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How Do I Balance the Power in My Relationships?

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Question: How Do I Balance the Power in My Relationships?
Dear Mona,

Okay, so I have dating issues. I never seem to be able to get past that two-month mark. I've worked on my own issues and have noticed, through dating, that there is a pattern to my relationships. Usually, one of us becomes clingy, which pushes the other away. It just seems like I can't create balance in my relationships when the power scales begin to tip. When I'm pushed away, I see a version of myself in the other person. I just don't know a solution. Have I just not matured enough?
Answer: Dear Pink Power Ranger,

In The Matrix Reloaded, one naive Neo is led on a path by the Oracle to find the Key Maker, who's held by one of the most dangerous programs, the Merovingian. Neo inquires about the Merovingian's motive- not realizing he already knows the answers to his own questions. "What does he want?" Neo asks. The Oracle responds wisely, "What all men with power want... more power!"

In relationships we tend to attract a pattern of people. These individuals are a combination of the best and worst qualities within us- which explains why few people can make us as mad or as happy as the ones we love. They represent all the things we like and dislike about ourselves. When you're chasing your loves away, what you're really doing is running from yourself. Sticking around is not a sign of maturity; it's a badge of courage.

That being said, power struggles are a normal stage of healthy relationship development. But is your ego willing to relinquish some of the power that your alter ego (represented by your partner) longs for? Are you running from your relationships or an aspect of yourself that you are not yet willing to face?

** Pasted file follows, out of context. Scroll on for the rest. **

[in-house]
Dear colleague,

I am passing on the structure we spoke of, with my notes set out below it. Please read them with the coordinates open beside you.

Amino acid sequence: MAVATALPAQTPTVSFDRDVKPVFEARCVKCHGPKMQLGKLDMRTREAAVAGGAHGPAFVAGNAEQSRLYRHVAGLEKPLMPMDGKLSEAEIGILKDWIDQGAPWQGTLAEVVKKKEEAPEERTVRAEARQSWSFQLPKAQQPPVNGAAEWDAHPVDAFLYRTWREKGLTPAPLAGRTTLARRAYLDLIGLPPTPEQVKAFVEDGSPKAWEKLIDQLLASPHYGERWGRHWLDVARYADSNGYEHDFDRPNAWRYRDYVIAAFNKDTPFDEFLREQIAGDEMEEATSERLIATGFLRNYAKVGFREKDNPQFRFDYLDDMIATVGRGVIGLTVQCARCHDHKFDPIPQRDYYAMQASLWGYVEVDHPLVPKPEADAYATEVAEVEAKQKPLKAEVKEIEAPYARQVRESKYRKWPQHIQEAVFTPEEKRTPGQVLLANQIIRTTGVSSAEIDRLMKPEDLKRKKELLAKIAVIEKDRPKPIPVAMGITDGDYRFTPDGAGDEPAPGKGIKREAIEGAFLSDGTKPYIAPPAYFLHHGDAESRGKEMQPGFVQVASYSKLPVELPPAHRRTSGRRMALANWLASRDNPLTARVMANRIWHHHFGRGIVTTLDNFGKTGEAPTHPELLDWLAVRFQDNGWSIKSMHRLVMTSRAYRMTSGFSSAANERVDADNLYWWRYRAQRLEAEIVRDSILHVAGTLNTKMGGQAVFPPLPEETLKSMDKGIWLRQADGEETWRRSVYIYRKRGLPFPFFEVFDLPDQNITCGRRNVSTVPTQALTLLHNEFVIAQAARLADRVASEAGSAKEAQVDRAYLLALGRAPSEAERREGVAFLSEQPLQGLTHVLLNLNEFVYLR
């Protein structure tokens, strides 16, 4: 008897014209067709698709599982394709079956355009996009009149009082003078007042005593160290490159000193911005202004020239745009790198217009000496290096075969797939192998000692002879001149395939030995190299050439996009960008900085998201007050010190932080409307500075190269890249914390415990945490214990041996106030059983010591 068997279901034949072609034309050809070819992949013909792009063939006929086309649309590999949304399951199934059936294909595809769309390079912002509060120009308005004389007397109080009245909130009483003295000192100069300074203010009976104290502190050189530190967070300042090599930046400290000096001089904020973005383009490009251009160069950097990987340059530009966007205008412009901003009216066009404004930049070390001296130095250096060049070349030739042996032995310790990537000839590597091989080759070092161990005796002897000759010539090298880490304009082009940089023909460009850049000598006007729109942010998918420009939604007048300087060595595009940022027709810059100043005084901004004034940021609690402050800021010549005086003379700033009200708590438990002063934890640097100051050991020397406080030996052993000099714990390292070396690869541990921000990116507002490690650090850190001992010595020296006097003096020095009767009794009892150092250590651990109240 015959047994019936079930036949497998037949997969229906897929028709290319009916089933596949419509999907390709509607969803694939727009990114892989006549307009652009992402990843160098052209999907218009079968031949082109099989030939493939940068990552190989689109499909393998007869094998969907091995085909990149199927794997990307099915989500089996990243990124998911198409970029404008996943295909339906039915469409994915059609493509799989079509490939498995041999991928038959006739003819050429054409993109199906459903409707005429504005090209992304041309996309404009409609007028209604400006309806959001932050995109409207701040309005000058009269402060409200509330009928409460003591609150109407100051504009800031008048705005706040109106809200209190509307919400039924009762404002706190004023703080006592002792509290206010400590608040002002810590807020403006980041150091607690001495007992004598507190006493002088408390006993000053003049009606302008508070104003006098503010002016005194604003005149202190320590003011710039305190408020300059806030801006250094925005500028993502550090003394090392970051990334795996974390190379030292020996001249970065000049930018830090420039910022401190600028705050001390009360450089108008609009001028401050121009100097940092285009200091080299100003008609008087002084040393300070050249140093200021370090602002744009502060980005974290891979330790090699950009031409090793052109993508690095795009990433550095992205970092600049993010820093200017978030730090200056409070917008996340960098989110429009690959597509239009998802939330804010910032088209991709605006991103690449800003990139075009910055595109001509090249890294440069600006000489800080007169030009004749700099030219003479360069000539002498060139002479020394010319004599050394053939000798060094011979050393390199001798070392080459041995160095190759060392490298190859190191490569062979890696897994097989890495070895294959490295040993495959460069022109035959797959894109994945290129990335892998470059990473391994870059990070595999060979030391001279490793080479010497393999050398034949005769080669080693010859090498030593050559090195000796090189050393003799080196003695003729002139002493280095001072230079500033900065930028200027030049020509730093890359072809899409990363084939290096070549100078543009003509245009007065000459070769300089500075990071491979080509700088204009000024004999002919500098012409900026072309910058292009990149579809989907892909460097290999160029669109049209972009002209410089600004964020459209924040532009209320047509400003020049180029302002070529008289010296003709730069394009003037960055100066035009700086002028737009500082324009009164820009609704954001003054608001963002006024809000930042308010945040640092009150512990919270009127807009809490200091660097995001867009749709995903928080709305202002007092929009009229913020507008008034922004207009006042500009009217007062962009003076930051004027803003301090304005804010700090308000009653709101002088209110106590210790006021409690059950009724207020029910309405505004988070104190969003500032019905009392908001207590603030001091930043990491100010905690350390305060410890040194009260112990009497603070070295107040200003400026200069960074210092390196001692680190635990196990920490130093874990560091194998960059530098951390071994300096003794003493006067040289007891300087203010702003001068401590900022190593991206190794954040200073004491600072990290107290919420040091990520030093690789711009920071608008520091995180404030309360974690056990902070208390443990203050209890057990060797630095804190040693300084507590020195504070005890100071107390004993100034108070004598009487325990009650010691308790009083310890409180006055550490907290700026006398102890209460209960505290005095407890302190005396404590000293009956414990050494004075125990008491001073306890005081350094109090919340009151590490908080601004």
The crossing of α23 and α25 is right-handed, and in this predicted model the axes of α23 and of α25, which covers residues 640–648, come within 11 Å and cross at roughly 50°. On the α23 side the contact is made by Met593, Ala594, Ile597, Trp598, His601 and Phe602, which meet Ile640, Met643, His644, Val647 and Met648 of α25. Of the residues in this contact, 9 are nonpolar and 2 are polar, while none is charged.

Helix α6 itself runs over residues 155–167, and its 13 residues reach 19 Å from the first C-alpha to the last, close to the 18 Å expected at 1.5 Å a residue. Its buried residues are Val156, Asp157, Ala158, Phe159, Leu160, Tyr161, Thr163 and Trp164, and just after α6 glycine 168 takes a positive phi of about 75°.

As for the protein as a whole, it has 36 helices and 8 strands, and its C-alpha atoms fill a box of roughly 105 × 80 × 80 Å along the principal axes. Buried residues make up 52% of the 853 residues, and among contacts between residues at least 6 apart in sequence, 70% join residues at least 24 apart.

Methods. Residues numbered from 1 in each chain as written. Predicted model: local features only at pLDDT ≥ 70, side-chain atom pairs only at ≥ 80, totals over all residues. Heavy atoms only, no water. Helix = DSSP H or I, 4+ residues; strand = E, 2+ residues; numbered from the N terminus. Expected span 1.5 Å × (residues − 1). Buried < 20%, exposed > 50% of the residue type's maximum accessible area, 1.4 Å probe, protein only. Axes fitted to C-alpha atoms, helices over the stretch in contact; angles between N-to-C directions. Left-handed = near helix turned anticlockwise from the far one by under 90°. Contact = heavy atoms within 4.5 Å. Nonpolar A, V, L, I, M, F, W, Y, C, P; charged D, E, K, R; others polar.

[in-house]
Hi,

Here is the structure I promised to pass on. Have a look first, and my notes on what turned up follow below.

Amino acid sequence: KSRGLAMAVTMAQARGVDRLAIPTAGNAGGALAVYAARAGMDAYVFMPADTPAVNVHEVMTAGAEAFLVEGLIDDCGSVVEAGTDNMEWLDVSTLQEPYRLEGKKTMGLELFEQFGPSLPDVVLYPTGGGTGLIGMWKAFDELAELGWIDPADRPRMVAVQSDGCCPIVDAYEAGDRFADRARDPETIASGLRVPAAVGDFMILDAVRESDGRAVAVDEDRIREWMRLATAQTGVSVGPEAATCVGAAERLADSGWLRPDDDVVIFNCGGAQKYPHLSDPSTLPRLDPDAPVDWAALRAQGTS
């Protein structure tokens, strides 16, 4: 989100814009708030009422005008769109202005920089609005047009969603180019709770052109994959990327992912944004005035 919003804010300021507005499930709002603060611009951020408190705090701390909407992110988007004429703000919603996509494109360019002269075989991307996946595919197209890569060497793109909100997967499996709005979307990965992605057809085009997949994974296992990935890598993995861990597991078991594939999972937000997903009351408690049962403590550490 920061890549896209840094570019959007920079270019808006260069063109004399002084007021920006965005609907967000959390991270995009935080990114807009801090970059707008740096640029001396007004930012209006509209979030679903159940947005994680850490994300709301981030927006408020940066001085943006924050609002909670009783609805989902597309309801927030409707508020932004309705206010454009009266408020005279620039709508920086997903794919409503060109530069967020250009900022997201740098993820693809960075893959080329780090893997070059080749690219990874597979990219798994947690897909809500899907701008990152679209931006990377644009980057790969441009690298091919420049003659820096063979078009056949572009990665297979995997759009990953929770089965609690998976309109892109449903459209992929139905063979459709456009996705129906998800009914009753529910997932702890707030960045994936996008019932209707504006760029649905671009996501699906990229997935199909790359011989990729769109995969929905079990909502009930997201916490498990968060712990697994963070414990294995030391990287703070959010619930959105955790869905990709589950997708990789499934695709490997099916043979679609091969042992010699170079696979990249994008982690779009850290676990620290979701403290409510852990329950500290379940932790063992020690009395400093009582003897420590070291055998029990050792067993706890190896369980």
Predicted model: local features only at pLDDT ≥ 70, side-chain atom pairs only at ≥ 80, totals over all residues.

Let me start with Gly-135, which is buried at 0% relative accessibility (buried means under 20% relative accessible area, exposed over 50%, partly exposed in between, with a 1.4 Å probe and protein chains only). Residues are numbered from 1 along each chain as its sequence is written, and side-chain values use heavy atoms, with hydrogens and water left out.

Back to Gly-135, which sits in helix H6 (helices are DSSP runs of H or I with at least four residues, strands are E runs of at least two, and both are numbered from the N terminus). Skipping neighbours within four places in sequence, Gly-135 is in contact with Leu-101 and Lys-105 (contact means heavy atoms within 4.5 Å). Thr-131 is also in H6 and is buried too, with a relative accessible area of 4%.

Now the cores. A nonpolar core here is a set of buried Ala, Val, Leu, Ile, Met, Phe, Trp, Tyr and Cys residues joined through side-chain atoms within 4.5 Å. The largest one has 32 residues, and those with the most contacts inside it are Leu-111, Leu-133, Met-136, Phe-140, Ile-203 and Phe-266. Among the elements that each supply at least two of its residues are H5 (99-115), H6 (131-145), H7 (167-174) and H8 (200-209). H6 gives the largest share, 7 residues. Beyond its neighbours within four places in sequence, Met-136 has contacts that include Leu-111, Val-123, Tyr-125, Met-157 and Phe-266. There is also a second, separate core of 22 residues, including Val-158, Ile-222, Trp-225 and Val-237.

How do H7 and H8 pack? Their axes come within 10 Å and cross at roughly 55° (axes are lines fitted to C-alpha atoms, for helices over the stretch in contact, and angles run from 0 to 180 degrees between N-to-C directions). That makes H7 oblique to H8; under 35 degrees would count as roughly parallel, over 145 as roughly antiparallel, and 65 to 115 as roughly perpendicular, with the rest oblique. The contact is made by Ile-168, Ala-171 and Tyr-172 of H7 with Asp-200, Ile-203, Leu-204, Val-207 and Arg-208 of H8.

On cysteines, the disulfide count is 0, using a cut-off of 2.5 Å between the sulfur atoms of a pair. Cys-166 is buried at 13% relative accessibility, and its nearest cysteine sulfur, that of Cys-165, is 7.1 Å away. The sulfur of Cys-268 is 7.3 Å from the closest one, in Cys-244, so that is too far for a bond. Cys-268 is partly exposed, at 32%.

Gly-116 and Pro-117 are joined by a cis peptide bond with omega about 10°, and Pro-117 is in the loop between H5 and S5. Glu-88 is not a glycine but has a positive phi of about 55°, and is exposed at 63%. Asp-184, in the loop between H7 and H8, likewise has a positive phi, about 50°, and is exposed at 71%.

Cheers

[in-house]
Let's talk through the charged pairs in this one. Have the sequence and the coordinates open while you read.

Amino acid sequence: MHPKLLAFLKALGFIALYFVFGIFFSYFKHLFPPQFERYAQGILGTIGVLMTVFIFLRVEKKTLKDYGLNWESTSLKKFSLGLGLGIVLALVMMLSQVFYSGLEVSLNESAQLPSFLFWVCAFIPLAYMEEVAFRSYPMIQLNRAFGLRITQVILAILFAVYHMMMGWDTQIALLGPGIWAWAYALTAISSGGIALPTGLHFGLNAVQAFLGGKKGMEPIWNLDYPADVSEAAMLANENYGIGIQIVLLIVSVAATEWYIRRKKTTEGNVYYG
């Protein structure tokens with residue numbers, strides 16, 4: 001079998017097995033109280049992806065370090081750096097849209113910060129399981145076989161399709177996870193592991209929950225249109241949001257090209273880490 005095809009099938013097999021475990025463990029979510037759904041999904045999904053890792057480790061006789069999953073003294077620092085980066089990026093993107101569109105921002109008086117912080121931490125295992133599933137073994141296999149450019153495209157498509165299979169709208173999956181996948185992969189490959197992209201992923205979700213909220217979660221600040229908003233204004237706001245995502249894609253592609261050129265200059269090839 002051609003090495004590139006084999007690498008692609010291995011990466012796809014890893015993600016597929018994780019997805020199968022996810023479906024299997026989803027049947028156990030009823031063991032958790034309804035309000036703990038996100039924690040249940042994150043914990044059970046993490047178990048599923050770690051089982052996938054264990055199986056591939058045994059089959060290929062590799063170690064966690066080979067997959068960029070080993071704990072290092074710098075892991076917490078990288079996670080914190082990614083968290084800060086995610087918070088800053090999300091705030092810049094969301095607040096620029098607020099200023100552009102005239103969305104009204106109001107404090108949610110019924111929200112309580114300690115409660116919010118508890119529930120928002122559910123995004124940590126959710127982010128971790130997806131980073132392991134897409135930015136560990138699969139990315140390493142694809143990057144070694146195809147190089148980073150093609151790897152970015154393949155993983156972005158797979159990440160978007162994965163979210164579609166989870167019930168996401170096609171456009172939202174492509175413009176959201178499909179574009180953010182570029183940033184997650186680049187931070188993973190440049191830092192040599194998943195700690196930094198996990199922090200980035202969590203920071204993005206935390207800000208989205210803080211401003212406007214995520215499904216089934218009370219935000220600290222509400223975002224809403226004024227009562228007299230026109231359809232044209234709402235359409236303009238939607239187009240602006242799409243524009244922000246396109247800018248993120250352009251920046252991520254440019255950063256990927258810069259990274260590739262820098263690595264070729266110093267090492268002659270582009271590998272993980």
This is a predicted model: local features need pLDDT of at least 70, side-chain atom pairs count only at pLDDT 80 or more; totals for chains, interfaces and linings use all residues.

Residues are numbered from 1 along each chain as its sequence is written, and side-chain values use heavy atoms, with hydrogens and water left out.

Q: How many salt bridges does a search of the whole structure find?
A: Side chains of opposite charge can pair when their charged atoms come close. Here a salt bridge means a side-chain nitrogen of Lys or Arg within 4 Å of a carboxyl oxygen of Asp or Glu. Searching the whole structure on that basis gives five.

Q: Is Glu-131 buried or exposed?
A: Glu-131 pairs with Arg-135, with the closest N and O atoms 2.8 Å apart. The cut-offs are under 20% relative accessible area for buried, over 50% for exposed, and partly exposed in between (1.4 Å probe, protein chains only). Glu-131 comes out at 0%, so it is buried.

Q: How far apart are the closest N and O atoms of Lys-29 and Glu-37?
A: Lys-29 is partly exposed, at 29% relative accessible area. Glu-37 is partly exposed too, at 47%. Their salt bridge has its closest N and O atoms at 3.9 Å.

The power play in relationships is merely the battleground for both of your best and worst qualities. The ultimate goal is to face these demons and settle into a harmonious partnership. In order for this to happen, you'll have to continue to determine what you're willing to give up personally and what you expect from him.

You've already noticed the pattern; now put it down on paper. Think about the reasons why you pull away. If you think he spends too much time with his friends, for example, dig deep and ask yourself why this bothers you. Do you have issues with your friends? Do you lack strong friendships and thus your partner's friends spark an inkling of jealousy? There could be a myriad of reasons for any issue. The important thing is to identify them and then evaluate whether you're willing to quell the warrior within you. The warrior that is on a mission to eradicate the source of your discomfort (or so you think) by pushing him away. Once these issues are identified, don't attempt to rid yourself of them, make peace with the little buggers as a part of you. By doing so you set the stage to better understand your partner and yourself. After this crucial step, begin the process to change the things you no longer desire.

As my mother, who reminds me of the Oracle, always says, "Anything worth keeping is worth fighting for." Do you have the stamina to hash out your relationship differences? Can you figure out a way to be sensitive to his needs while at the same time being receptive to his attempts to please you? Is he worth it? Healing relationship issues comes with many rewards. You begin to see your partner for the qualities he adds to the union, not the deficiencies that remind you of your own issues. And best of all you begin to accept and become one with yourself. Only you can decide when it's time to start believing in what you already know- you are "The One" and you don't have to do it alone.

Yours in love,
Mona

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